There were three side battles going on at the same time. One concerned Izquierda Unida (United Left or IU) and its relation with Podemos. IU was a coalition of Marxist and Green parties that had been active in the Indignados movement, within which it tended to clash with the more populist groups that later became Podemos. At a local level, IU had been ready to form coalitions with the PSOE. But now they have indicated that they might join forces with Podemosin the next parliamentary elections, which would strengthen the chances of Podemos.

The second was occurring within Catalonia. There were two main coalitions in the regional elections that favored a referendum. One was the politically centrist Junts pel Si (United for the Yes-vote), led by the outgoing regional president Artur Mas. The other was a left coalition called Candidatura d’Unitat Popular(CUP). The CUP made as a condition of its support to Junts in the regional parliament that Artur Mas step down, which he finally did. A compromise candidate was a little-known Carlos Puigdemont whose party was part of the Junts grouping. He promised to hold the referendum within eighteen months, thus forcing a showdown with the Spanish government, or at least with the PP and the PSOE, both considering such a referendum illegal.

The third side event by accidental timing was the developments in the Basque country.  For decades there has been a movement ETA seeking independence by armed conflict. There was always a party sympathetic to ETA which sought to operate legally. The Spanish government regularly outlawed such parties. The leader of one of them, Arnaldo Otegi, just at this moment finished a term in prison and was released. He is the head ofSortu, the latest version of a party operating legally. He was received as a hero in the Basque country, to the dismay of the Spanish government.

Otegi indicated that ETA might agree to end its armed uprising if there was some indication of willingness by the Spanish government to accede to a Basque autonomous government. He said somewhat bitterly that the PP and Rajoy had not been willing to move an inch. Of course, to the PP, Basque autonomy was even worse than Catalonian autonomy. And concessions now could feed support in Catalonia for the independence referendum. The PSOE was further embarrassed by this development.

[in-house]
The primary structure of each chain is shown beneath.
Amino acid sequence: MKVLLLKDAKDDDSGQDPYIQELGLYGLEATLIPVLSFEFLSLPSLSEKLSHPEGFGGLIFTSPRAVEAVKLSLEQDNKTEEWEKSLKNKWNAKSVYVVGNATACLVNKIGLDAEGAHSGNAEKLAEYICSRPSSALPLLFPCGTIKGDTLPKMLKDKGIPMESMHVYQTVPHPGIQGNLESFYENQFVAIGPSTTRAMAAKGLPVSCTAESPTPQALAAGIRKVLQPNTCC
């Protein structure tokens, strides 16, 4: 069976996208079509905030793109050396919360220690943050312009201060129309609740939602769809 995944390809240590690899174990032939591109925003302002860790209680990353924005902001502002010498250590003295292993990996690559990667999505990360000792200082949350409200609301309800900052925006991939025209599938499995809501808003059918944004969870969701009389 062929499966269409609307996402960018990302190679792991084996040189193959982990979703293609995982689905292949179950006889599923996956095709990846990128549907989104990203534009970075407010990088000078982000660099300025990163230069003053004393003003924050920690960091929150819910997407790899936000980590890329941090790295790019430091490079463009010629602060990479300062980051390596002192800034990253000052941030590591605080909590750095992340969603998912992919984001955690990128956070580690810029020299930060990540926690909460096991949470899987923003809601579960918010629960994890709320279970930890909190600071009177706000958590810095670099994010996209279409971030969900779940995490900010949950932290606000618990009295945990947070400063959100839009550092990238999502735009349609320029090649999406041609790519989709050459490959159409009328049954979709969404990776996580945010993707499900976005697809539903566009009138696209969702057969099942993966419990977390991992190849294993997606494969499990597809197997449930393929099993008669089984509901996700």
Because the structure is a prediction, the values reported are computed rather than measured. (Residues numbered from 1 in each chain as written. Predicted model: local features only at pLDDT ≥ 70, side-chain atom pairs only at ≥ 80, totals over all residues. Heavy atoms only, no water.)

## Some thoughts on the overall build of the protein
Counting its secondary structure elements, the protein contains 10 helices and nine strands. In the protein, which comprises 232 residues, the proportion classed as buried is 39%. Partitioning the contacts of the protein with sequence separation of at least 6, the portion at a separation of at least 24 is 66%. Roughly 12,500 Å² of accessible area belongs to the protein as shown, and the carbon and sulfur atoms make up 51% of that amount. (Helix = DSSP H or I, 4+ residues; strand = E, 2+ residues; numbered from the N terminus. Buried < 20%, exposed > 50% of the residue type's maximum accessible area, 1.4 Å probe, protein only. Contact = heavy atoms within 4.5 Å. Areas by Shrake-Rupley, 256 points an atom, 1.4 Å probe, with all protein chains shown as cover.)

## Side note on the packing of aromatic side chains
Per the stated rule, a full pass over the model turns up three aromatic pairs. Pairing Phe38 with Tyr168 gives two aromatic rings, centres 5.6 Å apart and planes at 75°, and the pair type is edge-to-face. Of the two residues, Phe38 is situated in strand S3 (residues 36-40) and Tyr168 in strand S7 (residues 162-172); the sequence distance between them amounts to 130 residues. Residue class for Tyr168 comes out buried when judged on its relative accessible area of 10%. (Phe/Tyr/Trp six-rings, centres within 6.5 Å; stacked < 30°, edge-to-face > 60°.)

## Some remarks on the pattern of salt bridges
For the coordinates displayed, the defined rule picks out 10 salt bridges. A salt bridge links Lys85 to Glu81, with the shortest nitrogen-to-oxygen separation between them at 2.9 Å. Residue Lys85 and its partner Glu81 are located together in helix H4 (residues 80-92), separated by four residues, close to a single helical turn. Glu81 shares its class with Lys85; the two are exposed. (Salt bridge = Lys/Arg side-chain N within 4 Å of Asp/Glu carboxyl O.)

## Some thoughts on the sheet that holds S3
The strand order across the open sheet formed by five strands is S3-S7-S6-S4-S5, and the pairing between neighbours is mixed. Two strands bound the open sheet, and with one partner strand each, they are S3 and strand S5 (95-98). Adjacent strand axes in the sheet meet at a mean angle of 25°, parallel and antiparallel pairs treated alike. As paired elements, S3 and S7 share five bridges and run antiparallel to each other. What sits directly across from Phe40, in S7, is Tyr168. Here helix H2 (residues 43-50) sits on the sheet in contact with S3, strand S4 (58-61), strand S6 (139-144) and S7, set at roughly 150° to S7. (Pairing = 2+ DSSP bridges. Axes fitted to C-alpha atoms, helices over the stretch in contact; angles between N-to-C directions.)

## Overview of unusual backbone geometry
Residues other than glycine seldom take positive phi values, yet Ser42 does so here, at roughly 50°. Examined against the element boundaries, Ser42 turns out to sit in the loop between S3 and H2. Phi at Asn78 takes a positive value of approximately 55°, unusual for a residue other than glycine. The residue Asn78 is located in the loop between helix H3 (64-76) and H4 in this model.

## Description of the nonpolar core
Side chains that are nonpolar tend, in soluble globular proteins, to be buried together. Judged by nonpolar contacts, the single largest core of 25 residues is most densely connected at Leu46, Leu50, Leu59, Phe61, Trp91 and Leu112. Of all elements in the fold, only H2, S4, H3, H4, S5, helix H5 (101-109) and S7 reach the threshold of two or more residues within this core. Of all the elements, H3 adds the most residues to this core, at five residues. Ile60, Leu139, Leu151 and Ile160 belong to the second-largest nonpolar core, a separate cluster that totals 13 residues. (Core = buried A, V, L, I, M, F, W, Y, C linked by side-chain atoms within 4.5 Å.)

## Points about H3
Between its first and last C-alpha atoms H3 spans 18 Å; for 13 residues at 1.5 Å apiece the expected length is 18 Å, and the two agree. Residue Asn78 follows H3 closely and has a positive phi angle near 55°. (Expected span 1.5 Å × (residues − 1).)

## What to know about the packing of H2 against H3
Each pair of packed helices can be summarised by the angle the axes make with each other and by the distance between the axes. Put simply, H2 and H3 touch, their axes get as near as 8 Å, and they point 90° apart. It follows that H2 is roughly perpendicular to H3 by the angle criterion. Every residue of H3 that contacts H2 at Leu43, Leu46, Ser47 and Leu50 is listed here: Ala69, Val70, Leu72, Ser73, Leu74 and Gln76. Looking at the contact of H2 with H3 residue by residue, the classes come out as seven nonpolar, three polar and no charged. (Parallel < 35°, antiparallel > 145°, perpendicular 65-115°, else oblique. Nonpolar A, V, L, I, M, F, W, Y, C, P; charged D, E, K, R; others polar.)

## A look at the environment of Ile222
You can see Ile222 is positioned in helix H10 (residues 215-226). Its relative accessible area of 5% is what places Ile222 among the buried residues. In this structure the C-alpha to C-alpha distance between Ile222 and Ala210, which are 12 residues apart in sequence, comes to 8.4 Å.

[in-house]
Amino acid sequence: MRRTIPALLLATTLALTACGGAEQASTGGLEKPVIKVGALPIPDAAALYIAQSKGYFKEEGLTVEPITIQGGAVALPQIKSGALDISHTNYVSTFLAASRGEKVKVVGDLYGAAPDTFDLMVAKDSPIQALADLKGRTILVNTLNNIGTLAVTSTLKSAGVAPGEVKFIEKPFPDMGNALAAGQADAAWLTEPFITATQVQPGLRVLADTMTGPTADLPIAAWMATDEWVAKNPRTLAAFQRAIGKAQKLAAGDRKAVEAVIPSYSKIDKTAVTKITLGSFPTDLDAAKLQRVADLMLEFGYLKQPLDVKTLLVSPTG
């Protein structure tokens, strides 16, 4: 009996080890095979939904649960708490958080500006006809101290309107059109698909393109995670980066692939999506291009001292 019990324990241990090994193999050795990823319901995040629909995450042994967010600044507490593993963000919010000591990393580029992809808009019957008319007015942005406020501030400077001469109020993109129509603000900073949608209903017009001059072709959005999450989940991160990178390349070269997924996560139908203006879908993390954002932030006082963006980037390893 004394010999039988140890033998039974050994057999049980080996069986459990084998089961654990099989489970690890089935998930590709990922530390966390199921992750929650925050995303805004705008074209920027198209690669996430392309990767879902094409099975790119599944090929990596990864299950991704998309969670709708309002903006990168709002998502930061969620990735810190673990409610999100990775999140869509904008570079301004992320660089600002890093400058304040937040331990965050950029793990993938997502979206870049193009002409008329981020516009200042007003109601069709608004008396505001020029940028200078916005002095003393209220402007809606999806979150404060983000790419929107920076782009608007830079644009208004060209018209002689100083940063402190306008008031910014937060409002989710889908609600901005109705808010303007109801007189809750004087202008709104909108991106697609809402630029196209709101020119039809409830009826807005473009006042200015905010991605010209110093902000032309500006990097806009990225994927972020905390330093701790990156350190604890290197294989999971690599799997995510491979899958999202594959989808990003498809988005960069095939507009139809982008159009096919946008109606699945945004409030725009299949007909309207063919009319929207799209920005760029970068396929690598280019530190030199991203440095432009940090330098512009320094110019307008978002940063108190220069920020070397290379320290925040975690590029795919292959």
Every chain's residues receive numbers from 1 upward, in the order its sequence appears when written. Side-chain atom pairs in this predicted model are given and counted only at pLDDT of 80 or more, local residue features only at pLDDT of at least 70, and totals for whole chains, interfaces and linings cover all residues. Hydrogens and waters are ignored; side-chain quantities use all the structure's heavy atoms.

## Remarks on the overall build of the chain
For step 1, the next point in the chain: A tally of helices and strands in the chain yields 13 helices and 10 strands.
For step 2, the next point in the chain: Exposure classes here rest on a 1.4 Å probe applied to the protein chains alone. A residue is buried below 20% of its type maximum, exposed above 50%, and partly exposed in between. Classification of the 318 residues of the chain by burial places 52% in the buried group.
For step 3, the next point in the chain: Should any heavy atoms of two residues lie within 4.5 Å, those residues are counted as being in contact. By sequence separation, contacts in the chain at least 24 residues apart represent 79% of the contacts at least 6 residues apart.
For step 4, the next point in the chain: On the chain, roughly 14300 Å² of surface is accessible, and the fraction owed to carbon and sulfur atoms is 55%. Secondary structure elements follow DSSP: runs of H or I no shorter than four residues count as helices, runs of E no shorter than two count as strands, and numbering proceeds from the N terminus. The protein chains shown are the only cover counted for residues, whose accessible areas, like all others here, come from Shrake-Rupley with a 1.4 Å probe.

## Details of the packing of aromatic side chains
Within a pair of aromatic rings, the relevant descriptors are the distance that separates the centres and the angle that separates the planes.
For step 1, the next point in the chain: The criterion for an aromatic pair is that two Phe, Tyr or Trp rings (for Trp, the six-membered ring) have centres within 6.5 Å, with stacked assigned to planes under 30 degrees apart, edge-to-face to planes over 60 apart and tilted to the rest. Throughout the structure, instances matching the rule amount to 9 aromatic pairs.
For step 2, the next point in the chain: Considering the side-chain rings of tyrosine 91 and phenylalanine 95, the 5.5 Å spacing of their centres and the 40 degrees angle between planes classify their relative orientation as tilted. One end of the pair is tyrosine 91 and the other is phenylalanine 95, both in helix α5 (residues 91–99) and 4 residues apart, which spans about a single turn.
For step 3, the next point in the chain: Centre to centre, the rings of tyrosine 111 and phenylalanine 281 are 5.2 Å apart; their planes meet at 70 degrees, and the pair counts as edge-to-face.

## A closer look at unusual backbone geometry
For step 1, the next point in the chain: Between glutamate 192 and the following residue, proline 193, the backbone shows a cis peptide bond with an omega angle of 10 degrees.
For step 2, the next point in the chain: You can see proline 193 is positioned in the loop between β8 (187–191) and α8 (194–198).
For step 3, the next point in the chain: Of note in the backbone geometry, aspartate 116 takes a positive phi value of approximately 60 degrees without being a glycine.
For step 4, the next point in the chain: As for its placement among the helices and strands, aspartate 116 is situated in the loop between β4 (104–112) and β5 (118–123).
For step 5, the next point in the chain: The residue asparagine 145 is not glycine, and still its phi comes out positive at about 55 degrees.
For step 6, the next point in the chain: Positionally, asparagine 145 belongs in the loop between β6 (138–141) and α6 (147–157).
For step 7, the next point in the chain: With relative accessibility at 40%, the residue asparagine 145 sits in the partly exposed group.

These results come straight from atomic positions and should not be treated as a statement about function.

So what may we conclude? Three things, possibly. The first is a question about the possibility of real success of populist anti-austerity movements. Podemos in many ways had modeled itself on Greece’s Syriza, and the difficulties the latter has been having has raised questions in Spain and elsewhere as to the consequences of such a movement, pursuing a parliamentary path.

The second is whether it is really possible for states to resist decentralizing pressures of ethno-national movements. For example, in Great Britain today, as it debates British withdrawal from the European Union, everyone is aware of the consequences of so-called Brexit for Scotland’s movement for further decentralization and eventual independence.

And thirdly, is there any way that any government is able to maintain an anti-austerity policy in the middle run, amidst the pressures that reduced government real revenues are imposing on states throughout the world?

Spain is in economic terms far more important for Europe and the world than Greece. As this drama plays out in Spain, the world will be watching, reacting, and drawing lessons.